If the player doesn’t want to partake in tournament style fighting or wants to deal with the stress of taking on his friends who display more fighting finesse, then the newly designed adventure in Brawl offers a wonderful respite from all worries. The side-scrolling format returns, but this time, it brings in a story complete with cutscenes. Unlike in Melee’s Adventure, you don’t select a character from the beginning, but rather you choose from the limited selection given to you, and from that point you play with those characters until you eventually grow your roster to include most entries from the game. In SSE you face a new batch of villains known as the Subspace Army, who employ in their ranks both original enemies, as well as familiar faces from previous Nintendo franchises, such as Ridley from Metroid and Rayquaza from Pokemon Ruby, Sapphire, and Emerald.
At the helm of the SSE sits one of the coolest and most underrated villains Nintendo has ever procured, known as Tabuu. Each level in the SSE mode employs a team system, allowing the player to enter each stage with a certain number of fighters. Choosing the best fighters depended on the obstacles presented by each stage and the weakpoints of the level’s enemies and bosses. Sakurai had before expressed his desire to make a “deep single-player game” but had until Brawl been required by Shigeru Miyamoto to focus more strongly on the multiplayer aspects in the first two Smash games. What this did was change the balance in the Wii’s premier fighter from a competitive tournament-style game to a beat-em-up styled adventure/platformer with an extensive realm of fighting modes on the side. But the SSE Adventure certainly took many-a-nostalgic player back to the glory days of side-scrolling goodness.
Brawl certainly featured the most content with the deepest story of any of the SMB entries, as well as a humorous means of uncovering character bios from Snake’s perspective via Codec in the Shadow Moses stage. But further inspection of the mechanics revealed a less graceful fighter with an extremely frustrating pacing.
Controller Variety is But Smoke and Mirrors (Handling: +1)
Brawl allowed you to play with one of four controllers: the Nun-chuck, Wiimote, GameCube controller or Classic handle. However, the GameCube controller was the only true means of playing Brawl the way it was meant to be played since it replicates the same exact control scheme with a couple of adjustments regarding use of the Smash Ball. All buttons are far more accessible, but the issue is that you need to buy a GameCube controller for the Wii in case you don’t have a G.C. console stashed away somewhere.The problem with using the Wii-type controllers is the absence of strong responsiveness. You won’t be able to run or dish out rapid attacks like you would using the G.C. handle. So the variety is a but a ruse. Only one controller works for this fighter, and it just happens to NOT be the one up-to-date.
Movement (Handling: +1)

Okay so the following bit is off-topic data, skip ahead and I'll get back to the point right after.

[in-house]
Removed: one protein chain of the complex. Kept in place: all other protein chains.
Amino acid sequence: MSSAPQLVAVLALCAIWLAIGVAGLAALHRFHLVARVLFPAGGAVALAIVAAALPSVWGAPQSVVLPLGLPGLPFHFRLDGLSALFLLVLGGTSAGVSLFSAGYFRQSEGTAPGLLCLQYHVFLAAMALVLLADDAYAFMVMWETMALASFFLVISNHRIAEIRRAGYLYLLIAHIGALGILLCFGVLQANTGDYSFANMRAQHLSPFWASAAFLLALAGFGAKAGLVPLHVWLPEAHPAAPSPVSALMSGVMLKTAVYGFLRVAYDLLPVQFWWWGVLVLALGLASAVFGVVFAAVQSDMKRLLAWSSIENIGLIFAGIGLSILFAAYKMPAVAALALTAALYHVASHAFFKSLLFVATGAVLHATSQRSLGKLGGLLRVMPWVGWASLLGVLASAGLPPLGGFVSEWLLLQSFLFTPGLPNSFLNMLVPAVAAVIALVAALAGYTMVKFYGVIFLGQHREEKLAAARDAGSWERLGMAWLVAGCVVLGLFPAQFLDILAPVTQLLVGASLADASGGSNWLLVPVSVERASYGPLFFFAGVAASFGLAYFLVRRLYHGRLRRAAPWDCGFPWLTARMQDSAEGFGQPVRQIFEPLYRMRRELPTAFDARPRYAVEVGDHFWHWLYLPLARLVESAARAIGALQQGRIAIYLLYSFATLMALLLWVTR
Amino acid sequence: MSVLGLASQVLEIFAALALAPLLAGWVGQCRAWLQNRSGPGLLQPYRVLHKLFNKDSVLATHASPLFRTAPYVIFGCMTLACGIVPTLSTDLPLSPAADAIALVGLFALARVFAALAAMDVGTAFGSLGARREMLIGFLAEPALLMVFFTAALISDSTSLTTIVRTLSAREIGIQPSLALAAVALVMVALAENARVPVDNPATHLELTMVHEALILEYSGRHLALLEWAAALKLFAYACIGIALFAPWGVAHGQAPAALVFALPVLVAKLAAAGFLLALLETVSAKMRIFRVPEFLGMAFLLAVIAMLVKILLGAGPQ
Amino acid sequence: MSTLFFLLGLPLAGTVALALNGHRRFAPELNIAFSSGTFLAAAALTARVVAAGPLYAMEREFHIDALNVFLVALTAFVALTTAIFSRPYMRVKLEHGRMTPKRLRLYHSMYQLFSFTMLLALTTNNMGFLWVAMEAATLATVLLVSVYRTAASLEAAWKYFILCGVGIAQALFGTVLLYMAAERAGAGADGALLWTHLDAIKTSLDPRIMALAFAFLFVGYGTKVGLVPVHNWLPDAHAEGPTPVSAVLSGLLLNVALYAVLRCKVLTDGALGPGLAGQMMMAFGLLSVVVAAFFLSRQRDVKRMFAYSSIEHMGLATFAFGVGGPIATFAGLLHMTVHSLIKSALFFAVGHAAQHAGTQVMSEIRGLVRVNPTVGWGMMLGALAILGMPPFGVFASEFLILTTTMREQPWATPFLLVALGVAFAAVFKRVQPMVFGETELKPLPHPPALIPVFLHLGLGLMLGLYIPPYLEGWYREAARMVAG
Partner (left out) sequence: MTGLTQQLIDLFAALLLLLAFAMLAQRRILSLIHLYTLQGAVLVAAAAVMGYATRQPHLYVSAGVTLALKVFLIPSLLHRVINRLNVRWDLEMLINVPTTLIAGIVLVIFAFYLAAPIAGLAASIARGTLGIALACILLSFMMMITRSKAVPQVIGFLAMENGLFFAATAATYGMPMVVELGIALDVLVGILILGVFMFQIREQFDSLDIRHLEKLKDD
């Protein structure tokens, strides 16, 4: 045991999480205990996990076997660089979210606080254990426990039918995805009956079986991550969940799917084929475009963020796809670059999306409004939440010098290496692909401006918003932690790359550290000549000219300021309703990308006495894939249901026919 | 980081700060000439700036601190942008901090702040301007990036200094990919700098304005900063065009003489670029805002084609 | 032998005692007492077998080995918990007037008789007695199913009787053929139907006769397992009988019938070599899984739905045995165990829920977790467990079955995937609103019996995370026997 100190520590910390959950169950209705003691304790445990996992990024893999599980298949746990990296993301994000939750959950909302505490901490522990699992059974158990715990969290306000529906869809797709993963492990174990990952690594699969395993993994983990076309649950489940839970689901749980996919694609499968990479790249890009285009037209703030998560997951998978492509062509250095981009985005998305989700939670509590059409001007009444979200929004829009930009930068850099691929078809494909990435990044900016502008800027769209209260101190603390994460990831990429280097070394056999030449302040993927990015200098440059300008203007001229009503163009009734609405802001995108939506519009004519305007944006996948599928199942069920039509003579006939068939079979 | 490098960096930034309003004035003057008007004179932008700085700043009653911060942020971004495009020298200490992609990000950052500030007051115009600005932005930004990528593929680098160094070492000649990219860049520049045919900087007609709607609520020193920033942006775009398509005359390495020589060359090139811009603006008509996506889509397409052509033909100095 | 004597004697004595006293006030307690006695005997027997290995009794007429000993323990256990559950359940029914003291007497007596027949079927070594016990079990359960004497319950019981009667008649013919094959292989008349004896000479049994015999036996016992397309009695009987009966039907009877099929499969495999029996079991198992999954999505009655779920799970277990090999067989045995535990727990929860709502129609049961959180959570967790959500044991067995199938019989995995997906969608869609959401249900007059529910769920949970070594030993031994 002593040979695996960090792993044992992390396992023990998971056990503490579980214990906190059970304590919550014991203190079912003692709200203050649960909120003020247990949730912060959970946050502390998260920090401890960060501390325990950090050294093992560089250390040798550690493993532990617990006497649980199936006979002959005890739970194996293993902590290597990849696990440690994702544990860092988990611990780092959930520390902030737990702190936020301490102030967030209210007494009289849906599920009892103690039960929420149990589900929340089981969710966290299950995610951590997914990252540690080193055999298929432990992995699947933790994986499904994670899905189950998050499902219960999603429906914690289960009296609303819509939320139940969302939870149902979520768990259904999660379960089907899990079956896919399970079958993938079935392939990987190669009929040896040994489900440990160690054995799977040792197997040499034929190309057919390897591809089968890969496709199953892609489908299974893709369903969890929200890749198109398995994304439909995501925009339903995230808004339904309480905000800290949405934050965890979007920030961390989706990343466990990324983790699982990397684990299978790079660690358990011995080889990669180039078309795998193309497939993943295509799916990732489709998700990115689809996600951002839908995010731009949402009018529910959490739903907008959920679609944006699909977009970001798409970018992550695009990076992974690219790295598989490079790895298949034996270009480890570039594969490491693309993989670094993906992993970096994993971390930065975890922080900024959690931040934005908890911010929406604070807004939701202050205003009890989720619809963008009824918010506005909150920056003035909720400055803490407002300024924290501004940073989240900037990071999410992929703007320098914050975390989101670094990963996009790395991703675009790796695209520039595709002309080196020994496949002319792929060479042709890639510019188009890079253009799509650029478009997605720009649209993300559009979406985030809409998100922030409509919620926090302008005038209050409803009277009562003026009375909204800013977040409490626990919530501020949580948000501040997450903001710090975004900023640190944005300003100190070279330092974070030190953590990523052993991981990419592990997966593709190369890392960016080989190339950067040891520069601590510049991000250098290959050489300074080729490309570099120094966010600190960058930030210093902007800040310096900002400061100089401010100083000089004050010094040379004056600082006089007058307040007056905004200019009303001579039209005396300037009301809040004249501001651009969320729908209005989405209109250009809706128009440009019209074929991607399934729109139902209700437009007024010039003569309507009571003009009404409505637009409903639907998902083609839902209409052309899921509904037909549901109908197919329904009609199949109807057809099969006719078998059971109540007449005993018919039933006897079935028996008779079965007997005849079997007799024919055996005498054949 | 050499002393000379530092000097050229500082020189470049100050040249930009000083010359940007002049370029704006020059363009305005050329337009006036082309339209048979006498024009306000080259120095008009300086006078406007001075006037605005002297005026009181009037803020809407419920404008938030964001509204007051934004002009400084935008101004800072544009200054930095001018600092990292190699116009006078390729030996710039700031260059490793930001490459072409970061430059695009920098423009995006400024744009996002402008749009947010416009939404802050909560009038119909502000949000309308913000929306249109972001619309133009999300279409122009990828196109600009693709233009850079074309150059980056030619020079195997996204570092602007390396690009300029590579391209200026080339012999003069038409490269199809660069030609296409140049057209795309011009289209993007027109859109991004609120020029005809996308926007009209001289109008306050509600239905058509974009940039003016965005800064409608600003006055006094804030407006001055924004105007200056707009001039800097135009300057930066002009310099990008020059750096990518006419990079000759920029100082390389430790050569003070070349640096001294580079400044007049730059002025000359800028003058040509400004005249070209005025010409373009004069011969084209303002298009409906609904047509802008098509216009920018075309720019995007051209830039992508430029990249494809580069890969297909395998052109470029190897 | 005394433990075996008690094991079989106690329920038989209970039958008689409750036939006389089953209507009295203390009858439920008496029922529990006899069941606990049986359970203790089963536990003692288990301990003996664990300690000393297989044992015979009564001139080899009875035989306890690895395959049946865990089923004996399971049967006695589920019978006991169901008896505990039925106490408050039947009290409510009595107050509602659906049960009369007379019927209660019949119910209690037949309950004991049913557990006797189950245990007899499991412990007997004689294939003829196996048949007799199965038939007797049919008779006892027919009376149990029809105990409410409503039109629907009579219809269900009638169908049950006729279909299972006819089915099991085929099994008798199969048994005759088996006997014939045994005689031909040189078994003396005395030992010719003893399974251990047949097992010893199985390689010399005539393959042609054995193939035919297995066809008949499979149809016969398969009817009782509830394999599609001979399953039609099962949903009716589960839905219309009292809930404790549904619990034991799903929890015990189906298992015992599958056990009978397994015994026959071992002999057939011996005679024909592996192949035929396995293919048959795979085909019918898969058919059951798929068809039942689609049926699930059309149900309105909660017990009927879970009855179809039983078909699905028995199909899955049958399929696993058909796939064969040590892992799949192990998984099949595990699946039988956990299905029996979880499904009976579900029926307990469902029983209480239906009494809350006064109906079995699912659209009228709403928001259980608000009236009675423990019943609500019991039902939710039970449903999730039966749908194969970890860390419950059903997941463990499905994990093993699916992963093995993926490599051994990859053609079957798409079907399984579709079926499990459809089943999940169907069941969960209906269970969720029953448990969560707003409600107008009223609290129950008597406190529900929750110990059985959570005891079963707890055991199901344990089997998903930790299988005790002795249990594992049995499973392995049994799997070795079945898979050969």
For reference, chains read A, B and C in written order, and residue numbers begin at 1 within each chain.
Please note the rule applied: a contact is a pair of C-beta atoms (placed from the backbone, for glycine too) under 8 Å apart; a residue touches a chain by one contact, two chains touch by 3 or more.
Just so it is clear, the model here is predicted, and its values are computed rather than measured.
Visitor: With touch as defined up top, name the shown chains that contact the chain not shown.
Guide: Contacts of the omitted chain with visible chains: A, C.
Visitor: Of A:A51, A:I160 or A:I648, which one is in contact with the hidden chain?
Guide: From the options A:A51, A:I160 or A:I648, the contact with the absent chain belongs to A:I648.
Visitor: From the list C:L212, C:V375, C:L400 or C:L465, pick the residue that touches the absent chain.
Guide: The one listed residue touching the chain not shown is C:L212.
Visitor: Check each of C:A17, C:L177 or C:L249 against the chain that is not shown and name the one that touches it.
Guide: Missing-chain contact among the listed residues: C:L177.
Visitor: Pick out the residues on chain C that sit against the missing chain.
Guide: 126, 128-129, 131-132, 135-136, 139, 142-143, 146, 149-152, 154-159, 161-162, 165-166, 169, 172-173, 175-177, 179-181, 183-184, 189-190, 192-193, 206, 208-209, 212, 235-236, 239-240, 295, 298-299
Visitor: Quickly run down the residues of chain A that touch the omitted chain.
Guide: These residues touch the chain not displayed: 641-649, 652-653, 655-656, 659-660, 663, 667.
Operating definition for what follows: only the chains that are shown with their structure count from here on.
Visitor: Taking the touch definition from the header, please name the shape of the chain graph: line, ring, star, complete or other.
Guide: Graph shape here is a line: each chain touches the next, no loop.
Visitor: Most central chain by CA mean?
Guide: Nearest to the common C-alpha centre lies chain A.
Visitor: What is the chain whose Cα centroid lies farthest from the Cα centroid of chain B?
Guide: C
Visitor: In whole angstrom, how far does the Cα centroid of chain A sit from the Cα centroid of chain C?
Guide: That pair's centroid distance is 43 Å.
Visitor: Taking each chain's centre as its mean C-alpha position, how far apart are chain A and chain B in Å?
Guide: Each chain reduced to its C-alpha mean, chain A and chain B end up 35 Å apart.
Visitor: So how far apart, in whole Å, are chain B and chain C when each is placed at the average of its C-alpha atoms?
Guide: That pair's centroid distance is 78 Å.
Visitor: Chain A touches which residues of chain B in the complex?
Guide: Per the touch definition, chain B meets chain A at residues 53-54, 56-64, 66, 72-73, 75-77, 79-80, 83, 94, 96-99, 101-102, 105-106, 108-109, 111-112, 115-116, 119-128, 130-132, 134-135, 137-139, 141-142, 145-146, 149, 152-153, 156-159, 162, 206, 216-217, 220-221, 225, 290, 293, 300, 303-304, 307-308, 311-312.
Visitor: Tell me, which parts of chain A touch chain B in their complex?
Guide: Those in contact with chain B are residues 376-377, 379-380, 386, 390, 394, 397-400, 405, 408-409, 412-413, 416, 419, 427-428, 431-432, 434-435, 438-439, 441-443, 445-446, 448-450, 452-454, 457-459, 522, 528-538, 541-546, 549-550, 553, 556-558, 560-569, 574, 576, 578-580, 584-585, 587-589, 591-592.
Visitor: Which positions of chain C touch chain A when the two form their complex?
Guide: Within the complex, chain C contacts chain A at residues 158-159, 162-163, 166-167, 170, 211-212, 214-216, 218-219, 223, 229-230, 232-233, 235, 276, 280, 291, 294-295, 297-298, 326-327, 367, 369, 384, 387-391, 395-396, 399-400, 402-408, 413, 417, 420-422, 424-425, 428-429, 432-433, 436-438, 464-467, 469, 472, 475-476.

This is the major difference between the games and the ultimate deterrent to Brawl becoming the franchise’s premier entry. The action has slowed down considerably, hit boxes are wider in nonsensical ways, and characters tend to float in the air like balloons. This game was meant to be played with items, because otherwise, combat turns into a bore with distance and aerial dodges adding virtually unbreakable defenses to certain fighters that can only be disrupted by a missile or landmine not coming out of the characters’ arsenals. Several winning combos caused by canceling and short-hopping are harder to pull off in sequence, such as the famous shine-spike and Captain Falcon’s dreaded “free parking.” Only Sonic seems to elicit memories of the blistering pace at which Melee traveled. Overall, fun can be found in multiplayer, but not the tournament-style fun that makes Melee a fan favorite amongst competitive players.
Inconsistency in Character Power (Challenge: -1)
Again, this game was meant to be played with items, particularly the Smash Balls. Without those, Sonic feels useless and nobody can handle Meta-Knight. His speed, defense, and rapid-fire attacks all make the knightly rival of Kirby a fighter bordering on illegal. People complain about the balancing of characters in Melee, but it’s been found in that game that someone can become good with an allegedly bad character such as Yoshi or Mewtwo and dominate tournaments. The power levels in Brawl, meanwhile, and more clearly defined and harder to overcome. Brawl stands out as the ideal party game where casual or young players get together over drinks and Tostitos with dip to laugh and joke over a few rounds with item and luck-based winners. Melee, meanwhile, works as the perfect fit for competitive gamers. But between the two, Melee’s fan base has stuck around longer, and once the next Smash Bros. (to be developed by Namco Bandai) comes out, the test will be to note if Brawl receives the same attention that Meleehas in its virtual posterity run.
Core Experience: 10/10
OVERALL: 8.5/Great: People will disagree and note Brawl as the more accessible and user-friendly of the two most recent Smash games. But while Brawl tried to serve as the step-up over Melee and may have succeeded in the short run, the long run is favoring Melee as the more appreciated title, and Brawl might reveal itself as a hold-over for some until the arrival of the next big installment in the Smash franchise.